Dr. Eric Mendeloff, M.D., Congenital Heart Surgery Center
Best Pediatric Specialists: Cardiac Surgery 2010,2011
How common is congenital heart disease in newborn babies?
Many people would be surprised to find out that about 1 out of every 150 newborn babies are born with some form of congenital heart disease. This is not to say that all of those babies require surgical therapy; most do not. Probably only about 1 in 8 or 1 in 10 of those will require surgery in the first year of life, but nonetheless, there are a variety of abnormalities that can happen with the heart and it is more common that many people think.
What is prenatal diagnosis?
When you refer to prenatal diagnosis, you are referring to diagnosis of the heart lesion in the fetus. There are new technologies that have allowed us to become more accurate and get better ideas of what might be going on in the heart of the fetus. The heart develops between 8 and 14 weeks of gestation, before many ultrasounds can pick up heart issues. However, there are now specialists that do Fetal Echocardiography which have allowed us to become more accurate and to give better counseling to the families of these babies. Fetal Echocardiography can accurately diagnose congenital heart lesions in fetuses as early as 14 to 15 weeks of gestation. While those capabilities aren't there in all institutions, they are available in larger institutions like Medical City Children's Hospital and allow us to make an earlier diagnosis and provide the family with better counseling.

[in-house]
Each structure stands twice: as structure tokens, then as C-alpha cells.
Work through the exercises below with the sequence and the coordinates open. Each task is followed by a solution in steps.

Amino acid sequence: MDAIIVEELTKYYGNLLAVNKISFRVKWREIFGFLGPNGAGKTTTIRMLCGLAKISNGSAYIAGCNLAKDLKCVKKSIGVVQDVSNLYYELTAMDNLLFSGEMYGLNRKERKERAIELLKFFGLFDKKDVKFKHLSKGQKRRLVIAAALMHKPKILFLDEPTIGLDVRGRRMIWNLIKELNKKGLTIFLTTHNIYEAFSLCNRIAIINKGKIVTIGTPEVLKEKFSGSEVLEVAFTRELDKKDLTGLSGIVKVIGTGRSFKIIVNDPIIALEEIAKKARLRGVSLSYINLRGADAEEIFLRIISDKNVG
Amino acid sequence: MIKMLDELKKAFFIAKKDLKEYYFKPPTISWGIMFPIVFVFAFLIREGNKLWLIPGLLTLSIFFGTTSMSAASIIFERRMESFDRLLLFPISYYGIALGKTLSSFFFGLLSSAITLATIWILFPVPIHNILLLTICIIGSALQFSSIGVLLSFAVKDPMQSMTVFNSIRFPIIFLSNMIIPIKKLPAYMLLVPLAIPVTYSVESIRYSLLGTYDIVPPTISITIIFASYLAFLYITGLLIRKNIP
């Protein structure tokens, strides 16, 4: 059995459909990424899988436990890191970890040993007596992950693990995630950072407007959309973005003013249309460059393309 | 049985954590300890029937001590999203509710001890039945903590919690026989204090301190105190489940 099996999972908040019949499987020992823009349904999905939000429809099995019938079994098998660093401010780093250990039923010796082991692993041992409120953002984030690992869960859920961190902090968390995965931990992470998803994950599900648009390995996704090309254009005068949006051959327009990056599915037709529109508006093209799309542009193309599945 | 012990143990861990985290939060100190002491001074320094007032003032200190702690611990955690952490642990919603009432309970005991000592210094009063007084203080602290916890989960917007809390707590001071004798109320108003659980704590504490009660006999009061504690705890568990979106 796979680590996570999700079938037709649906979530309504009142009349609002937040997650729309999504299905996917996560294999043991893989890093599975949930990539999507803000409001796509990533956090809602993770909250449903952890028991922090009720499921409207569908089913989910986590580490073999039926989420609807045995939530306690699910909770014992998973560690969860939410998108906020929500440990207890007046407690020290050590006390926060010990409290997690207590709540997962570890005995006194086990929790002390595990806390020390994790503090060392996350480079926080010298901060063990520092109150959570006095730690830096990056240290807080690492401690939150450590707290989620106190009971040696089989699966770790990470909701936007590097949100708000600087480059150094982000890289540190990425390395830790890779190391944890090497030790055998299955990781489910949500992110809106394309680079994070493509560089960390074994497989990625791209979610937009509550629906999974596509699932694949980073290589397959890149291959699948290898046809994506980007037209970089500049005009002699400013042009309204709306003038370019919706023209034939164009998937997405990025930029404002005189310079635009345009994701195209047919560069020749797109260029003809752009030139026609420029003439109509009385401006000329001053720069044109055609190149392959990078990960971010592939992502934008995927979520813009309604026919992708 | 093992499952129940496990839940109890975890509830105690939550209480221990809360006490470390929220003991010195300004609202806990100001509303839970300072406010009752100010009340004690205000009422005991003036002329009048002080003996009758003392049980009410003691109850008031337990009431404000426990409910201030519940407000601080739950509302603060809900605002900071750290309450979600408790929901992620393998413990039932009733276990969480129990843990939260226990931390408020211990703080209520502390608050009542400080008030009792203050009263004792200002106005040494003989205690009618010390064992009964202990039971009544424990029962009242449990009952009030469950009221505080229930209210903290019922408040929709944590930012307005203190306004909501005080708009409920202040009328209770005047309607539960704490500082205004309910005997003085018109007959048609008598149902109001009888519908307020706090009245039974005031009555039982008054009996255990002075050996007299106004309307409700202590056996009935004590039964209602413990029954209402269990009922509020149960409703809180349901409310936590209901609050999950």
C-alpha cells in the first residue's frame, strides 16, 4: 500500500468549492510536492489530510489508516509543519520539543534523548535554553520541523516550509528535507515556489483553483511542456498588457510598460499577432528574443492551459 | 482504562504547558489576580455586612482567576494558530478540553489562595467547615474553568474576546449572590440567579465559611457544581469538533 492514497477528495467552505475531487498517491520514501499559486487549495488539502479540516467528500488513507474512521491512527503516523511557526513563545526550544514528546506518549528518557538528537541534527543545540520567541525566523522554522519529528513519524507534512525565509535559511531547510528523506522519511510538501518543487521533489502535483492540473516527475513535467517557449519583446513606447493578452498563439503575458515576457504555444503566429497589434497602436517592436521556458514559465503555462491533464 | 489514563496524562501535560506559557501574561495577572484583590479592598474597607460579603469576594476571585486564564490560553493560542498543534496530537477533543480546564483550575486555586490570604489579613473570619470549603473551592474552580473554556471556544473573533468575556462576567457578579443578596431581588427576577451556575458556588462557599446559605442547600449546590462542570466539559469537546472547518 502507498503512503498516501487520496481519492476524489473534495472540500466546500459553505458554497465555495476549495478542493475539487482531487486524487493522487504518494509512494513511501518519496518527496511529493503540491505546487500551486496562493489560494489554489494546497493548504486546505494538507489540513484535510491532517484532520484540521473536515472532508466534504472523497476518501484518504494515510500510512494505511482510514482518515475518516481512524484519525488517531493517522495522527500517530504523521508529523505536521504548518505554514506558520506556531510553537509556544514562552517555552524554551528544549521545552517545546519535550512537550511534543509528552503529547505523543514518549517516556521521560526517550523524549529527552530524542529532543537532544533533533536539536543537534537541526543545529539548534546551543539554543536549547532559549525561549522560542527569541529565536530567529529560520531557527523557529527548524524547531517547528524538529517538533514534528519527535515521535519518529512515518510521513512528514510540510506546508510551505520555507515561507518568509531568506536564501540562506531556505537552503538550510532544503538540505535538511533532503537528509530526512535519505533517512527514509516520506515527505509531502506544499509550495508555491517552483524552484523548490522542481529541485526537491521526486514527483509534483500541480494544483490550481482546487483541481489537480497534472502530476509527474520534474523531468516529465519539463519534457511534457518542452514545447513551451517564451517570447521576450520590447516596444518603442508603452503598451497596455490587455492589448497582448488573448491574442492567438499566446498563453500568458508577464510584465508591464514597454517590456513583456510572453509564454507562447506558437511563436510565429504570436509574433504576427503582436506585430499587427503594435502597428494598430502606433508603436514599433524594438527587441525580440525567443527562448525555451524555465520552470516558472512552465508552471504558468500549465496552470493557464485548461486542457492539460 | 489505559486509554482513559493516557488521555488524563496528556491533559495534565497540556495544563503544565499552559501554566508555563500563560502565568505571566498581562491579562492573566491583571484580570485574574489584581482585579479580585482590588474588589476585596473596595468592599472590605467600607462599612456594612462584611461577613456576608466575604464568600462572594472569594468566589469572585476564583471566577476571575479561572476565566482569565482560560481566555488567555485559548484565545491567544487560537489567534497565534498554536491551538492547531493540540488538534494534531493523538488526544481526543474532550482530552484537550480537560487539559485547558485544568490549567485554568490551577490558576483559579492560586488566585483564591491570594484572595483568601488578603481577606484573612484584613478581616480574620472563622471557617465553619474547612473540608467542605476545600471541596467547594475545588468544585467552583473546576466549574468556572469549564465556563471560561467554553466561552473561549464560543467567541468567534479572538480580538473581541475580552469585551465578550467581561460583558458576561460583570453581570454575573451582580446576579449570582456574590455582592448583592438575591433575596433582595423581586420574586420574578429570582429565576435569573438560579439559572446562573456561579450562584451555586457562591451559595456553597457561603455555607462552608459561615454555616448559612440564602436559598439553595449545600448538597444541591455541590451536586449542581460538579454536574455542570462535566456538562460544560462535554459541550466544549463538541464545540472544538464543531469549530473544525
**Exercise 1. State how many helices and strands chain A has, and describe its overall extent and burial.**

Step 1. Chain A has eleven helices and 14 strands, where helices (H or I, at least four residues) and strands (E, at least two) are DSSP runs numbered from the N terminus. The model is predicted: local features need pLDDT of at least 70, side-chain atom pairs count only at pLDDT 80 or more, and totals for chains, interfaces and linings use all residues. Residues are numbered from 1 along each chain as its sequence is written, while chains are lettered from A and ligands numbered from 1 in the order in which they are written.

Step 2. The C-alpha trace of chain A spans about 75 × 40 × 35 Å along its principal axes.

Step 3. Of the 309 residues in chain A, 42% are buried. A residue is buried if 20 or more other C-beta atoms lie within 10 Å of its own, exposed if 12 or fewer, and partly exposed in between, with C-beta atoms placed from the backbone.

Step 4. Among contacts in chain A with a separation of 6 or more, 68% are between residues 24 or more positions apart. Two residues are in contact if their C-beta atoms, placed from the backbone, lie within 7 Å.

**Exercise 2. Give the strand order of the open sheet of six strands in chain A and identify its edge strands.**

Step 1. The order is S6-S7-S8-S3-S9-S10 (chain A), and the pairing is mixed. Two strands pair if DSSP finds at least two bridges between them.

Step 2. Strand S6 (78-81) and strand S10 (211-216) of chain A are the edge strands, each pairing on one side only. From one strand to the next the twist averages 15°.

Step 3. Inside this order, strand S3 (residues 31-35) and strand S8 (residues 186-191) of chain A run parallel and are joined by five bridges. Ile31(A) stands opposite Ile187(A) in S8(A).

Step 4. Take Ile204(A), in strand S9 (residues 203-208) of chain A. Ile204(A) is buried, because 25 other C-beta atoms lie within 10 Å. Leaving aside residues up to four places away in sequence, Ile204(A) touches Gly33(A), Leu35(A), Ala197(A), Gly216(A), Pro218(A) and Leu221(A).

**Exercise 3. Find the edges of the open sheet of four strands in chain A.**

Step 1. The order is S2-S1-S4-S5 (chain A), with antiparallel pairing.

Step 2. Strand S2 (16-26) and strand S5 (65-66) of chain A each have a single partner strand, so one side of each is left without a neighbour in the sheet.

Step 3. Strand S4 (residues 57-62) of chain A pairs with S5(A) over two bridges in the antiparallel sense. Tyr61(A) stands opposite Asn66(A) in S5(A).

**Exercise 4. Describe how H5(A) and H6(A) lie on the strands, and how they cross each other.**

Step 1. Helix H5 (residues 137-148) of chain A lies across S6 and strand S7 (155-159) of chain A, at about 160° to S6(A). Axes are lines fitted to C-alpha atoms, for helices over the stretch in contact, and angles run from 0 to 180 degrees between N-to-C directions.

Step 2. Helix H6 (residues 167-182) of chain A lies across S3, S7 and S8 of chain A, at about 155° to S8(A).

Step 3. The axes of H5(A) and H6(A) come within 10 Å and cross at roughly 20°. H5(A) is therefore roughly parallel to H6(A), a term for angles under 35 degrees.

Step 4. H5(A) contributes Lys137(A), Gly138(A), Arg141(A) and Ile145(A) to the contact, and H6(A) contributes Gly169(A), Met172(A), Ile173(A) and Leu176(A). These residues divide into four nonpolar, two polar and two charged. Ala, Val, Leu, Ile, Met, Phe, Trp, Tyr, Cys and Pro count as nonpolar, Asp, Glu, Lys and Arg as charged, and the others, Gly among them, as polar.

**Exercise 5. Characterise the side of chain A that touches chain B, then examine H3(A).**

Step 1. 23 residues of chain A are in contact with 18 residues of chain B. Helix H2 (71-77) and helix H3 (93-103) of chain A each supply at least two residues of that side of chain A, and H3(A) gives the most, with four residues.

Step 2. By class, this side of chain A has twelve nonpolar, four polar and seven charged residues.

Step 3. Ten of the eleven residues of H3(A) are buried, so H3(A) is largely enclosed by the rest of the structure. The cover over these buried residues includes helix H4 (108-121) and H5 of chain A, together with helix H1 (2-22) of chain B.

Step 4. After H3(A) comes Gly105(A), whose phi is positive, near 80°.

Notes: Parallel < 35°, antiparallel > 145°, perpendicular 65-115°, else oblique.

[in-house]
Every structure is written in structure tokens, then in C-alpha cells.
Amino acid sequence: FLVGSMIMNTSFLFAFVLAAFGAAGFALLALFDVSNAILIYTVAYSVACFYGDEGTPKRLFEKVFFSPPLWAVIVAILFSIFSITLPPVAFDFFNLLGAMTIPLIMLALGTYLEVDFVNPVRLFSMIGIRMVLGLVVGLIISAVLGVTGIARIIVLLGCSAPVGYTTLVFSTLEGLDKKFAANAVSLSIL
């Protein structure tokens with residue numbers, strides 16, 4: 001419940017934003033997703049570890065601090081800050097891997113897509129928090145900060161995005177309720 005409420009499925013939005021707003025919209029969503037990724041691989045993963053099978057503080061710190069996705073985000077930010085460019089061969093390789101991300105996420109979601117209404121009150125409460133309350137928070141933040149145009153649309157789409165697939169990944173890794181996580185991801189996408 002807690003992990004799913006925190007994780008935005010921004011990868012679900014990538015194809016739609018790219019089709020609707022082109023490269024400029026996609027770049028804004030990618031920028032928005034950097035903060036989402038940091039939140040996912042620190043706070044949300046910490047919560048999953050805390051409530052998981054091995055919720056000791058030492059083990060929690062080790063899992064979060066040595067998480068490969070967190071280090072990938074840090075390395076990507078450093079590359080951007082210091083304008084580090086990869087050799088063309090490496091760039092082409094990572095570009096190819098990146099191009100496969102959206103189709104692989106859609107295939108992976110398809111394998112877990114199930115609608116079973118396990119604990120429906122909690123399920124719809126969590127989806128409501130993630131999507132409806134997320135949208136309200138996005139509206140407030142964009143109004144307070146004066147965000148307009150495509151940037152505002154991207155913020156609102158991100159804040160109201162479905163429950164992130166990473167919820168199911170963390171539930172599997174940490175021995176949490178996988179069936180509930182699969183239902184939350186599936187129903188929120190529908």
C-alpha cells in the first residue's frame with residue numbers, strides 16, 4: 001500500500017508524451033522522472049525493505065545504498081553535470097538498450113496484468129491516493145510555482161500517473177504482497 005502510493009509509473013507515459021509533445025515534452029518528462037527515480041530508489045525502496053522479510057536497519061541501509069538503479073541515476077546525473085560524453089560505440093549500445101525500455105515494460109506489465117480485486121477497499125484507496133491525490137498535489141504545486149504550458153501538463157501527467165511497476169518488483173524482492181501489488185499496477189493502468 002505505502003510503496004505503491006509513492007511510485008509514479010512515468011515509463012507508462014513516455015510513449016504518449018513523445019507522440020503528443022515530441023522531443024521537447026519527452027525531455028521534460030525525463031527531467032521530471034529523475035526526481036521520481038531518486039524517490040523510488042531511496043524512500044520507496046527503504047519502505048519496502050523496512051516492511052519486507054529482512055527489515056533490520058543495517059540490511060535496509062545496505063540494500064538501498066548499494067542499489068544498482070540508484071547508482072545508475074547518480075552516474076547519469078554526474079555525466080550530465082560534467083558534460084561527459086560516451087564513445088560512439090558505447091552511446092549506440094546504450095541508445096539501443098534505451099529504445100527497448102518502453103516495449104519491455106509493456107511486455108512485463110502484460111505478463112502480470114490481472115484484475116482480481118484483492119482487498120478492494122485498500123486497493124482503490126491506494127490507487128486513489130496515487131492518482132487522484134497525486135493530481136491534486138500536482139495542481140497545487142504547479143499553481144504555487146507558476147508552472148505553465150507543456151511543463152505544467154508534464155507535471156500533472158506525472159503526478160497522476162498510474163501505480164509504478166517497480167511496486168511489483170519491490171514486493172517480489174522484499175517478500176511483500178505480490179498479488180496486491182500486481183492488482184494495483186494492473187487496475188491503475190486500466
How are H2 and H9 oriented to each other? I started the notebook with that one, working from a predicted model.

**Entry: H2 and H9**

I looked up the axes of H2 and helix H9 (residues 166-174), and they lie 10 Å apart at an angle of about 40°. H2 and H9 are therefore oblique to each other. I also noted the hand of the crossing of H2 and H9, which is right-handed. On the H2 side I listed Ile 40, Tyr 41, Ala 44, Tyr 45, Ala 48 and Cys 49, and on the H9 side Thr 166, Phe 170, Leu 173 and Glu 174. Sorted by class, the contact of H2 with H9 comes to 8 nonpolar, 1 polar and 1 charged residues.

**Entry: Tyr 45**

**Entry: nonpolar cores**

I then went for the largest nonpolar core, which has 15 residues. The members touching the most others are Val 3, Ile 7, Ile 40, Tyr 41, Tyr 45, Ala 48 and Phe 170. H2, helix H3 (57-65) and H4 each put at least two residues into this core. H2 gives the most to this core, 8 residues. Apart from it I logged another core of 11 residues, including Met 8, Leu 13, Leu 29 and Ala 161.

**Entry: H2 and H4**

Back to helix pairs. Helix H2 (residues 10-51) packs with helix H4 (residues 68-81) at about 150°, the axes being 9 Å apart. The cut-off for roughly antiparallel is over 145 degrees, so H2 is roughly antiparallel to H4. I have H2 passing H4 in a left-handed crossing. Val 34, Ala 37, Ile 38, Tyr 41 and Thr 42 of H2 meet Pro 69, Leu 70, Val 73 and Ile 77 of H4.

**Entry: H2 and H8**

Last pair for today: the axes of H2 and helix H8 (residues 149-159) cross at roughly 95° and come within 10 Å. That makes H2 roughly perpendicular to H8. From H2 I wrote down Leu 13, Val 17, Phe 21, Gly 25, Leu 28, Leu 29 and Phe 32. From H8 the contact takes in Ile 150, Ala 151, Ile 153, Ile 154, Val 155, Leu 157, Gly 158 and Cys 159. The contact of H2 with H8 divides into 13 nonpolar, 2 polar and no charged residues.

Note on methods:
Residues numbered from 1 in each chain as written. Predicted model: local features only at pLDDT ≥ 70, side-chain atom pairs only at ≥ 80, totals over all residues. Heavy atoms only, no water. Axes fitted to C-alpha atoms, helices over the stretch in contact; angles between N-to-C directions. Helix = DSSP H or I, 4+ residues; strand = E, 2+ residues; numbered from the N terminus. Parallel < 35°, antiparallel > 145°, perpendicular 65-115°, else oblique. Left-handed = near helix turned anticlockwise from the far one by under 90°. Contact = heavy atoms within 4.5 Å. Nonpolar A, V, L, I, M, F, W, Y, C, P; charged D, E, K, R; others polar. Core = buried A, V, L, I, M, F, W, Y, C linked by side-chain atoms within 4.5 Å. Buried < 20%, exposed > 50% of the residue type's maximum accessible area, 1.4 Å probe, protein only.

“There are new technologies that have allowed us to become more accurate and get better ideas of what might be going on in the heart of the fetus.”
Does Medical City Children's Hospital specialize in care of babies with congenital heart disease?
Yes. The mother is seen by an obstetrician or maternal fetal medicine physician and they do an ultrasound. If they suspect fetal heart issues, they refer the patient to one of our Fetal Echocardiography Specialists here at Medical City. The specialist does a Fetal Echocardiogram and the cardiologist will explain the results to the family. Soon after, the family will talk to me so that I can give them a surgical perspective on what is going on with the fetus and what to expect shortly after birth. We guide them through the pregnancy and hopefully have the delivery done at our hospital so that therapy can be instituted right away. The newborn is stabilized immediately and is put in our high-risk Neonatal Intensive Care Unit where there is a cadre of physicians and nurses that are specialized in this area. I will perform surgery on the baby, usually within the first week of life, before going home from the hospital. We have everything under one roof from when the fetus is first diagnosed to the high-risk delivery, preoperative care to their surgical care and postoperative care, and of course their long-term follow-up care is always all done here at the hospital.
Is Congenital Heart Disease genetic?
I would say that the vast majority of heart lesions that babies are born with are not genetic, and in the event that a family does have a child born with congenital heart lesion, it is very unlikely for it to happen again in another pregnancy. Nevertheless, there are genetic counselors at our hospital that can help coach a family through a potential heart issue and get them whatever information they need.
Dr. Eric Mendeloff launched the Medical City Children’s Hospital Congenital Heart Surgery Program in late 2003. The program is the only institution in North Texas where fetal diagnosis of congenital heart defects, high-risk deliveries, neonatal critical care, surgical repair, and post-surgical critical care is provided under one roof by a dedicated team of specialists. He has been named one of D Magazine's Best Doctors multiple years in a row. For more information on Congenital Heart Surgery Center, visitwww.congenitalsurgerycenter.com.